Just thought I’d like to write a post to flaunt one of my prized possessions I picked up in Japan last Summer; the coveted Kizumonogatari I: Tekketsu-hen – Key Animation Note book! It was only until now I decided to snap some high quality photographs™ to show off a sample of the glorious sakuga featured in this thick 300-page book of delicious art.
Spoiler Warning: Because I have no mouth and I must scream about Sword Art Online The Movie: Ordinal Scale this post has no choice but to contains spoilers because I have no mouth and I must scream about Sword Art Online The Movie: Ordinal Scale.
The UK has received an unprecedented steady stream of the hottest theatrical anime premieres in the past six months with more down the pipeline thanks to the amazing efforts of Anime Limited and soon Animatsu. From Your Name to A Silent Voice, the next movie in this streak is… uh, Sword Art Online The Movie: Ordinal Scale; a movie follow-up continuing the SAO flame with a new original story written by the original author Reki Kawahara. I had the opportunity to go see the movie on the UK premiere date last month with a couple of friends at Picturehouse Central in London while ignoring the fact that I could’ve simply watched it from the cinema 10 minutes away from my house. For what it’s worth, Ordinal Scale is an intriguing film bringing new concepts to the table but remains a victim of the awry story and structure infamous to the franchise.
I had planned to post this on New Years Eve but because of ~things~ I had to delay it until now, happy belated 2017! Please treat this post as if it was the final day of 2016.
Another year another retrospective post to sum up things highlighting said year like clockwork just to make it feel like it was yet another productive year and not just a reason to update my blog after a long period of inactivity or anything. But who’d have thought I’d have cranked out two blog posts after so long?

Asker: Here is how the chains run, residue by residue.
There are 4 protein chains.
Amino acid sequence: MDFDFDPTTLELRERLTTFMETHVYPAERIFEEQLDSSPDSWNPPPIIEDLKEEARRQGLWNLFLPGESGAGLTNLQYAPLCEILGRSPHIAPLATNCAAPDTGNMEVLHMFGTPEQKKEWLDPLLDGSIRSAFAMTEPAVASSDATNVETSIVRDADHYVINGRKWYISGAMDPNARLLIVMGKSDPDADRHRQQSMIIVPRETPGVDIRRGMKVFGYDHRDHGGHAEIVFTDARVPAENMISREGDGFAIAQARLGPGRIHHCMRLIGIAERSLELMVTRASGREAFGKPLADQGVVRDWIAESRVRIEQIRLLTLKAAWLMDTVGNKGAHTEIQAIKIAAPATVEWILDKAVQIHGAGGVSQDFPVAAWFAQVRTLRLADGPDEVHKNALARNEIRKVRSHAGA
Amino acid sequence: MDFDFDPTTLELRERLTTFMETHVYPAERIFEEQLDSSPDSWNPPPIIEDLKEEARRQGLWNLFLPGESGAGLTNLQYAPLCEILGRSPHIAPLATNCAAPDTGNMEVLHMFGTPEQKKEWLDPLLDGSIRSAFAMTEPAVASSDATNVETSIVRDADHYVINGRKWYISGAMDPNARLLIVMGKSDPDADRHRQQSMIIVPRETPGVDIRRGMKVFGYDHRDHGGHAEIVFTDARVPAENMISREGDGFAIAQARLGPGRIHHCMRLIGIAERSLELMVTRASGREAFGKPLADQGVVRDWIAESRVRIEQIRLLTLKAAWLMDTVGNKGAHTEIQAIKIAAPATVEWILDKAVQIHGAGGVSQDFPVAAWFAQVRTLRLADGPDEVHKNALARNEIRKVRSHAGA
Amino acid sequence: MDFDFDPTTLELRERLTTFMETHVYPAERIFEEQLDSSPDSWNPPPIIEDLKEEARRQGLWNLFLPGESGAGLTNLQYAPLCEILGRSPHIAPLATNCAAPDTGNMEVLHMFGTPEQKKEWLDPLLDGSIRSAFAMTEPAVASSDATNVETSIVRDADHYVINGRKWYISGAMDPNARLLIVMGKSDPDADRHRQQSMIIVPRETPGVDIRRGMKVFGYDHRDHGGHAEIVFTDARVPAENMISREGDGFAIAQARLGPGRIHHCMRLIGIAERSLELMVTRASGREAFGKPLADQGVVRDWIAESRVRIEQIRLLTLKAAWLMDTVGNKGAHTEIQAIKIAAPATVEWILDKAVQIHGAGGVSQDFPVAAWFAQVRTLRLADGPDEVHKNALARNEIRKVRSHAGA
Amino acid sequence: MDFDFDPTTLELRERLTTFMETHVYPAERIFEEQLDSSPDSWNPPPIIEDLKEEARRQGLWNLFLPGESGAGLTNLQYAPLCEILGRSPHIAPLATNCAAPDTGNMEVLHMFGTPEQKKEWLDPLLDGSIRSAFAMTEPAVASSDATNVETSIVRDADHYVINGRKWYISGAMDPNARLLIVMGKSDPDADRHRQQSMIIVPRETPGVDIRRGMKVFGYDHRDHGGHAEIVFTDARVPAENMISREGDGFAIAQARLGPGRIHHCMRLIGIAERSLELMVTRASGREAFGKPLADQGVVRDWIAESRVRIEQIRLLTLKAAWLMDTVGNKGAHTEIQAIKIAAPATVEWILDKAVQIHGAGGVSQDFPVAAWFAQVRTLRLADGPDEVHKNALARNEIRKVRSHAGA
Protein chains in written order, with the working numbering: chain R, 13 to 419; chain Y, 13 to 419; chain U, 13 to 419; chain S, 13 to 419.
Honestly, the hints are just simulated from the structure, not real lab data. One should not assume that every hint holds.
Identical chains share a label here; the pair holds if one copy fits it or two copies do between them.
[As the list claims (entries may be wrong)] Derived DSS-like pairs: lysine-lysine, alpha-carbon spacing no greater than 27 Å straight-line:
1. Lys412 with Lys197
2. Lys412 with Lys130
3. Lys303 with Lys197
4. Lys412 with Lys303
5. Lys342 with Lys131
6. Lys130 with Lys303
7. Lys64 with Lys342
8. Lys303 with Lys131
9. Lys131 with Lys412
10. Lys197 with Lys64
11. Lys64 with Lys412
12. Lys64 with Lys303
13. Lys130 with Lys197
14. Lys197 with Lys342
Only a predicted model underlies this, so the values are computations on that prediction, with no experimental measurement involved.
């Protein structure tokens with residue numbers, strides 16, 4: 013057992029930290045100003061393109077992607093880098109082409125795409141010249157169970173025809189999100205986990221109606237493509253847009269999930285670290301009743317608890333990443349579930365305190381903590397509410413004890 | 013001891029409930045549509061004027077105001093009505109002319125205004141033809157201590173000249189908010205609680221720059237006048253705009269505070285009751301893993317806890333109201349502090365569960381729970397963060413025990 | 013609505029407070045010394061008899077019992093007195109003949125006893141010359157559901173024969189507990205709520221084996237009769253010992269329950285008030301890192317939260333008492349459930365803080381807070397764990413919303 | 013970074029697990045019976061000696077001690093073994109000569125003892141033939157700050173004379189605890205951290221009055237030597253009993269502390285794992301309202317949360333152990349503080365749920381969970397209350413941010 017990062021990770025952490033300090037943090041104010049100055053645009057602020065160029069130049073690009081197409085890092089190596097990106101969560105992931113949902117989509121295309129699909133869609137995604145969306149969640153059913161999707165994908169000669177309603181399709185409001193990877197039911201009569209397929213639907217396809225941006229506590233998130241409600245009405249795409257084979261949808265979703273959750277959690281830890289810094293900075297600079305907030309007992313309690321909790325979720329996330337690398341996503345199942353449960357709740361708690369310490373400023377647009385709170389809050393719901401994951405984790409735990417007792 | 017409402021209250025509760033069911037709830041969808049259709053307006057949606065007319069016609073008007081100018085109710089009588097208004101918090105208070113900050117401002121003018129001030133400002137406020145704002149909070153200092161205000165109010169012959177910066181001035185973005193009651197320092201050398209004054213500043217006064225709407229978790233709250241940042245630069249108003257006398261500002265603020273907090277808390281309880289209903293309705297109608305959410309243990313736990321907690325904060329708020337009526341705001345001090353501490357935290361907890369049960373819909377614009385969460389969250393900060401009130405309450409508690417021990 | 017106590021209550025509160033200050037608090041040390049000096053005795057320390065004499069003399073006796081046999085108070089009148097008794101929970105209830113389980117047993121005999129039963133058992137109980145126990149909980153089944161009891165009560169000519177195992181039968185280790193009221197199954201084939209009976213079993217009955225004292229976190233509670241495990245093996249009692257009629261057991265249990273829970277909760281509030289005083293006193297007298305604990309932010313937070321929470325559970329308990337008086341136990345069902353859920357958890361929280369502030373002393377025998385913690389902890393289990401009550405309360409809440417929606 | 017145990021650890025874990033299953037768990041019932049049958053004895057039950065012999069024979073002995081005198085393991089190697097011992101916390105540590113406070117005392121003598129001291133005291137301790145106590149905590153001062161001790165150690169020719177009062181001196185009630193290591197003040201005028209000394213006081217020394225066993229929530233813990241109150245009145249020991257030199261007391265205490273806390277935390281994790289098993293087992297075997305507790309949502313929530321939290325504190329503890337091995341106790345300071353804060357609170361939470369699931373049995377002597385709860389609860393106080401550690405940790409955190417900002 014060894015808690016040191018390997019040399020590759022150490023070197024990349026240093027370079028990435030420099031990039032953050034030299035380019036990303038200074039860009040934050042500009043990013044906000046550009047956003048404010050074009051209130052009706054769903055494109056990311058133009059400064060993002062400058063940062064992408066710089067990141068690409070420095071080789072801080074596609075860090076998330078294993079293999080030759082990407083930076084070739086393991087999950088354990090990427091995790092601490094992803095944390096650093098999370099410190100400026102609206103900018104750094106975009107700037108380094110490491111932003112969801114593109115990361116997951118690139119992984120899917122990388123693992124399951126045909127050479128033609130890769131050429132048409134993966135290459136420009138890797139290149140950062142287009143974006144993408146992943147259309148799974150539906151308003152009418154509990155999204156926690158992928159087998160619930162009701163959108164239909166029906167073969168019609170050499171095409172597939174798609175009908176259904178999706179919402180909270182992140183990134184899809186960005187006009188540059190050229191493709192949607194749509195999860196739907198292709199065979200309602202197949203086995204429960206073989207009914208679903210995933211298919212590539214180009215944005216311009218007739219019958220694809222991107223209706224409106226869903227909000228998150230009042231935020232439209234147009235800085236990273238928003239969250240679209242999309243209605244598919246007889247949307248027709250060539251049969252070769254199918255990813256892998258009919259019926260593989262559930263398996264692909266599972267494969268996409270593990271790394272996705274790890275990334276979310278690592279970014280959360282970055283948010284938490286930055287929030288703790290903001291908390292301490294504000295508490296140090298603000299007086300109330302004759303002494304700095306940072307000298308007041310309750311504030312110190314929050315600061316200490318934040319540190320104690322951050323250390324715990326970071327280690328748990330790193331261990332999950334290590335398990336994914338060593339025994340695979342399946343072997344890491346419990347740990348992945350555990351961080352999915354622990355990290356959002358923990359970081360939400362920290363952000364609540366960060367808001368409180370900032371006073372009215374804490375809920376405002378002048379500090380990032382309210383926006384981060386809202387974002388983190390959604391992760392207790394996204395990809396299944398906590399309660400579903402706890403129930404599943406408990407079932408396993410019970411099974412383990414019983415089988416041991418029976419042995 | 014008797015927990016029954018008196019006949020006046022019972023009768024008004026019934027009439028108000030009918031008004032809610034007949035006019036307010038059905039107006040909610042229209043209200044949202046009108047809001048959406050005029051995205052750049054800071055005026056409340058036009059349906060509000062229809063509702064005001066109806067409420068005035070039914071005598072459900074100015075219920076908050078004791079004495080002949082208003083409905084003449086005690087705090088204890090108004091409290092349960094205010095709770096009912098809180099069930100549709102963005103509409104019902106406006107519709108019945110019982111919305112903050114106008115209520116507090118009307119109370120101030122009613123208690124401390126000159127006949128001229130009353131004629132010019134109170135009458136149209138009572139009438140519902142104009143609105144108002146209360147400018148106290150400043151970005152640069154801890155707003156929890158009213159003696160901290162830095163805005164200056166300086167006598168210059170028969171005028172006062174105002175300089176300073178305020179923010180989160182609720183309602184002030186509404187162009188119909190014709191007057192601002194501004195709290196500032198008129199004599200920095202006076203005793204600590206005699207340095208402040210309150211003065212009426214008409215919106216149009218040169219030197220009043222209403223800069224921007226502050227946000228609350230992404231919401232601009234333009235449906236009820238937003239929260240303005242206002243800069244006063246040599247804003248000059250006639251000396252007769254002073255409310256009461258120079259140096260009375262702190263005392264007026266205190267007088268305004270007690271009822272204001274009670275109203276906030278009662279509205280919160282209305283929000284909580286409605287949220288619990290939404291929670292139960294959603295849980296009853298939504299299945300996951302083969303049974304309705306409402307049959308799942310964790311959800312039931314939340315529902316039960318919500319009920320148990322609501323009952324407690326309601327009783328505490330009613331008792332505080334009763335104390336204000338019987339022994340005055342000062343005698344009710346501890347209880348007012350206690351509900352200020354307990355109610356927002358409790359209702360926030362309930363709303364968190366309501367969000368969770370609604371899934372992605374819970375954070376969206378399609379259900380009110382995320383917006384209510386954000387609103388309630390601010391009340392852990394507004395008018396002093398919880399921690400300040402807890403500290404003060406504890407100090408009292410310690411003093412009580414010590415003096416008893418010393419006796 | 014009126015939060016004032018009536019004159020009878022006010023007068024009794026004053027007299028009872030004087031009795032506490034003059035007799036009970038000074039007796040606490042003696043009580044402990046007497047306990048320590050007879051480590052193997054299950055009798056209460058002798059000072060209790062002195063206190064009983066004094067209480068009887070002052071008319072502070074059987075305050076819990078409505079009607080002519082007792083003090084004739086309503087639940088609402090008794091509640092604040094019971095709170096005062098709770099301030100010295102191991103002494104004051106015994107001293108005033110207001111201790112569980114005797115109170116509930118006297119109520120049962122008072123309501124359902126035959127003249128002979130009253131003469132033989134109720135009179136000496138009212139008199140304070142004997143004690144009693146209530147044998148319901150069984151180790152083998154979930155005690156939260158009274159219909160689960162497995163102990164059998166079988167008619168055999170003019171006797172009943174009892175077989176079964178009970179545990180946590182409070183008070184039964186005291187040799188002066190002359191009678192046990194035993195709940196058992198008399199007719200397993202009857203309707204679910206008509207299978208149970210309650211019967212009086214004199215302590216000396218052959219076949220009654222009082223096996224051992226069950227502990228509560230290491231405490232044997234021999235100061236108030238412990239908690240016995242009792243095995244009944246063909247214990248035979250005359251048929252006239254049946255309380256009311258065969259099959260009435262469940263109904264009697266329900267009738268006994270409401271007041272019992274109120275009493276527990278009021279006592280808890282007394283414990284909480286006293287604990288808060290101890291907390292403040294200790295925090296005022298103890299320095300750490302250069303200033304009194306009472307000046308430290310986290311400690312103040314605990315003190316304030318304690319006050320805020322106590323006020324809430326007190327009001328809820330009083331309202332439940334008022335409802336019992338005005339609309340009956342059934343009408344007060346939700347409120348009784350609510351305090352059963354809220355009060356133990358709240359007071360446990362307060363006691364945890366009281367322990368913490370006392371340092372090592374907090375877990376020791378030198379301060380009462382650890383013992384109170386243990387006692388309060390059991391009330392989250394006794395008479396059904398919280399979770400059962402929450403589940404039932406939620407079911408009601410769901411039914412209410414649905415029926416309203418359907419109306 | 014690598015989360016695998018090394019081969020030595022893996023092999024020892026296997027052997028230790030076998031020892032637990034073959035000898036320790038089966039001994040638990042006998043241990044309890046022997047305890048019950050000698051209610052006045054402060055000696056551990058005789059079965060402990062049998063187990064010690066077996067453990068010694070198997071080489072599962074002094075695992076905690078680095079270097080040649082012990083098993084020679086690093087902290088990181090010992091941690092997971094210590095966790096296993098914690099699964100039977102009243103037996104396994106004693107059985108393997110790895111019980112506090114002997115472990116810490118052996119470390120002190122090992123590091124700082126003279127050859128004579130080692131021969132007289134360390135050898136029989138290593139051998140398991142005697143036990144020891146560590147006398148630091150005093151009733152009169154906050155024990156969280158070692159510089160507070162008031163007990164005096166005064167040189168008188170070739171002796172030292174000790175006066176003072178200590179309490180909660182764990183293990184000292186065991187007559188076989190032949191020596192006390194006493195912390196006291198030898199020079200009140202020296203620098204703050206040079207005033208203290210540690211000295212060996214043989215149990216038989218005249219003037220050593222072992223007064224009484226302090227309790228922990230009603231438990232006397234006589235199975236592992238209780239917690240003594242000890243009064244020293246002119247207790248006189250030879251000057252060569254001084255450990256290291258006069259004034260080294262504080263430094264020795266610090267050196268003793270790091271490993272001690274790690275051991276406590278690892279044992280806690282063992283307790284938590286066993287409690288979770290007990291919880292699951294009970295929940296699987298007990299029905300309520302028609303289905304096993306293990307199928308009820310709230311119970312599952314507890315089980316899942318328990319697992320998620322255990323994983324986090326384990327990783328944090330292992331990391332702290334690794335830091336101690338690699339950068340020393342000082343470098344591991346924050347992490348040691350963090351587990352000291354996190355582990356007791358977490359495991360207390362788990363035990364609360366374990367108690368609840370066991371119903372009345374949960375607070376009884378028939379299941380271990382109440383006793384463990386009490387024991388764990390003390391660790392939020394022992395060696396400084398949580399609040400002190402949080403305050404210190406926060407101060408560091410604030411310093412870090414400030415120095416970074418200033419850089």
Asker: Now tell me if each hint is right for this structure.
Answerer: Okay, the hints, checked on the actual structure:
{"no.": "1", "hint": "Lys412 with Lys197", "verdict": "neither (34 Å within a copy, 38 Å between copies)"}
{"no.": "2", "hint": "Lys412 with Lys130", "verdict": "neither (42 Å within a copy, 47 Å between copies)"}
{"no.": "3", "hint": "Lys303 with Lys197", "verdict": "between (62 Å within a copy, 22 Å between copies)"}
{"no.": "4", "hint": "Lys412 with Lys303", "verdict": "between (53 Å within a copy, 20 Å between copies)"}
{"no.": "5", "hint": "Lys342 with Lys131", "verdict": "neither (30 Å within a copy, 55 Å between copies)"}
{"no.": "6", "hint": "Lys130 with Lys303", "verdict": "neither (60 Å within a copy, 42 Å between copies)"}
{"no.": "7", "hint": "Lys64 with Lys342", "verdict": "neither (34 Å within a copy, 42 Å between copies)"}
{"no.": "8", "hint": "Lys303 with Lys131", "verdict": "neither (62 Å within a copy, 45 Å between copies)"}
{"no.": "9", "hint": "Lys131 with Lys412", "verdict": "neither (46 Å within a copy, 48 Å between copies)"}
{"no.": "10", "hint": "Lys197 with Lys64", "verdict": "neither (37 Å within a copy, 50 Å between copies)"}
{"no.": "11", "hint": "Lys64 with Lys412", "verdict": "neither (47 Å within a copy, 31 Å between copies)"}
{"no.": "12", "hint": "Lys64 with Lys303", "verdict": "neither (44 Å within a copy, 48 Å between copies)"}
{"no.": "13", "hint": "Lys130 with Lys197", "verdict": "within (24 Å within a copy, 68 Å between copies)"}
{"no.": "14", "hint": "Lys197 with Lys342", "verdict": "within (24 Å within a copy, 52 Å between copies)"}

To be frank I’m sick of 2016, 2016 has been an awful year and I don’t even need to explain why as everyone seems to have an idea. That’s right, the Crunchyroll Anime Awards 2016 was fucking rigged by the alt-fujos. This year all of the usual best of, retrospective and look back on the year – most if not all have been regurgitating the same depressing and tragic news happening all over the world.
This post however isn’t going to be like that at all. Nuh-uh. This post is going to happy. 100% happy. You might say, 100% Anne Happy. Remembering bad events that happened this year from the endless string of celebrity deaths to the death of Harambe to the death of the 30 young men and women slaughtered in Mayoiga and to the death of Harambe will always be clear as day because negative thoughts always stick to the mind. In this post we are going to look back on the under-reported moments of fun as I count down my personal Top 16 Best Moments in 2016 within the anime and manga and weeaboo realm. Why 16? Because screw doing Top 10s; taking the lower incremental numerical value of the year of the orbital movement of the Earth around the Sun sounds a lot cooler than the number ten.
I’ve had my dose of “misfortunate” anime that are all the rage nowadays; Madoka Magica, Gakkou Gurashi and Yuuki Yuuna to name a few. These shows are brutal in their own right but at least mercifully gives you some time to take a quick breather from all the anguish before shoving it all back down in your throat again twenty seconds later. Magical Girl Raising Project (Mahoiku from here on) is kind of like that but without the generous timeouts.
While going through the usual process of watching a tonne of anime at the start of a new season and then narrowing down my selection to a select few I’m interested in, Shigatsu wa Kimi no Uso for some unknown reason was kept out of my radar back in Autumn last year. It was only until April (funnily enough) that my friend from university recommended it to me and I accidentally the entire forty-four chapter manga. I was hooked. It -that- good. Shigatsu is the first series in such a long time that has kept me this hooked and eager to find out what happens in the next chapter. As a result, this review is aimed at the series as a whole, while comparing the differences between the anime and manga.
It’s hard to believe that Hayate no Gotoku! surpassed ten years of serialisation. Ten years, that’s nearly double the amount of year’s I’ve been living lol. Even though I started following Hayate since 2007 it doesn’t feel like it’s been that long since I first came across Hayate in one of those free manga taster books Viz Media used to make years ago when they had spare change. Leaving aside my disappointment that Hata yet again shot himself in the foot by wasting more OVA opportunities, on with the episodic review.